More than 100 people attended the Readfield Historical Society annual meeting and program on March 16 when Marius Péladeau, of Readfield, was honored for his decades of helping to preserve various aspects of Maine history. Bob Harris, RHS president, presented Péladeau with a certificate of honor, according to a news release from the historical society.

Péladeau’s career started in Maine in 1962 when he began working as a sports reporter for the Lewiston Daily Sun. In 1967, he moved to Washington, D.C., and served as press secretary for U.S. Congressman Joseph P. Vigorito of Pennsylvania for five years.

When Péladeau returned to Maine in 1972, he shifted his focus to the preservation of Maine history, a passion that he has continued for nearly five decades. His first position in the field was as director of the Maine League of Historical Societies and Museums, which he held for four years. Following that, he became director at the Farnsworth Library and Art Museum in Rockland, a capacity he filled for 12 years. Upon leaving the Farnsworth in 1987, Péladeau became general manager of the Theater at Monmouth, where he remained until his retirement, according to the release.

During the 1992 Readfield Bicentennial, Péladeau thoroughly researched Readfield’s historic industrial hub, called Factory Square, and created a slide show that he has presented to the public many times over the years. From 2003 to 2005, he volunteered as curator and vice president of the Readfield Historical Society. There, he created historical exhibits for their museum, taught members how to clean historical artifacts, prepare them for display and made informative signage. Many of these displays remain in place to this day.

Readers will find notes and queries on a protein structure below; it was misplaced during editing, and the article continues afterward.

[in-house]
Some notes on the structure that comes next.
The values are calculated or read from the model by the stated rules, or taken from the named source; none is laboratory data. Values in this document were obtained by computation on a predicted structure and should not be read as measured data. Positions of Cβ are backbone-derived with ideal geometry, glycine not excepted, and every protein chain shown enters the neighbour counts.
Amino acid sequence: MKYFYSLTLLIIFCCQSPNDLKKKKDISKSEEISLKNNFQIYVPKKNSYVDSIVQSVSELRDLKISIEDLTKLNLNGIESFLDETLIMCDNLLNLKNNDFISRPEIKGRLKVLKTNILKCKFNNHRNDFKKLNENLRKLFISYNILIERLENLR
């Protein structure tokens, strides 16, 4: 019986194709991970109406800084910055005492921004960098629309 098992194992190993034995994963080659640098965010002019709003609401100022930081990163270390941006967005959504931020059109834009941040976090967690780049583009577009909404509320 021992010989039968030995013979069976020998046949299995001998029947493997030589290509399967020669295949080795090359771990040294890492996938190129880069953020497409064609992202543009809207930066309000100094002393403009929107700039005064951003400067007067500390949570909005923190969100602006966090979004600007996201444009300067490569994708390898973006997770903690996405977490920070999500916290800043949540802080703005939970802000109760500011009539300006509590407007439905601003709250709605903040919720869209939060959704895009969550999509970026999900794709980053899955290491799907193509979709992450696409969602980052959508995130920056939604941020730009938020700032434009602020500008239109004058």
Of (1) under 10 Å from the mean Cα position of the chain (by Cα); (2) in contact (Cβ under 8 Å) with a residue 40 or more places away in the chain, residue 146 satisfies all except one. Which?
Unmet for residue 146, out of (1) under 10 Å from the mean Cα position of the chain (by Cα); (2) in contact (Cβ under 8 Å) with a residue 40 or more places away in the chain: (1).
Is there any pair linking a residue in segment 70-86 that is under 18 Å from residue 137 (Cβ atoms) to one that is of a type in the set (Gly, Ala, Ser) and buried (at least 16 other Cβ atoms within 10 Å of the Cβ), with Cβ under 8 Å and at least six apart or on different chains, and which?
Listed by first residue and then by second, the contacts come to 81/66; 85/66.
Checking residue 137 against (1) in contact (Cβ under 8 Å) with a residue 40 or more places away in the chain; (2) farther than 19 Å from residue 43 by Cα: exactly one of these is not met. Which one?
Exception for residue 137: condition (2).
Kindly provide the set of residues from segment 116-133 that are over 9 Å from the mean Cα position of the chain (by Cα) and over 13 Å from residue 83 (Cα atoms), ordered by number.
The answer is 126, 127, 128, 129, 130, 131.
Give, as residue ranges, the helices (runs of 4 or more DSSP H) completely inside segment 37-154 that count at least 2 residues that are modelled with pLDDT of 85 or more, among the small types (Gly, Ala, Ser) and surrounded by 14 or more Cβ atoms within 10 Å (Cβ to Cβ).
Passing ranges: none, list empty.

In 2009, Péladeau took on the challenge of overseeing the restoration and revitalization of the Readfield Union Meeting House. Built in 1827, the brick building was added to the National Register of Historic Places in 1982. Under Péladeau’s direction as board president, meeting house became visible in the community again after a period of neglect.

Many structural repairs and improvements were made to the building during Péladeau’s tenure and he also oversaw the preservation of rare trompe l’oeil art throughout the interior, painted by Charles Schumacher of Portland in 1868. The trompe l’oeil at the meeting house is one of 51 works that Schumacher completed in Maine, but the only known example to have survived intact.

Péladeau also attended to other historical features of the building, such as several stained and unique stenciled glass windows and an 1890 organ produced by the Chicago Cottage Organ Co. Péladeau retired as UMH president in 2017, but he remains on the board of directors as historian and consultant.

He also continues his lifelong work in the historical realm in other ways. Péladeau serves as a consultant and lectures throughout the northeast and is now in the process of republishing two of his books. His works include writings on art history, early photography, and the Civil War, of which he is a noted and respected expert, according to the release.


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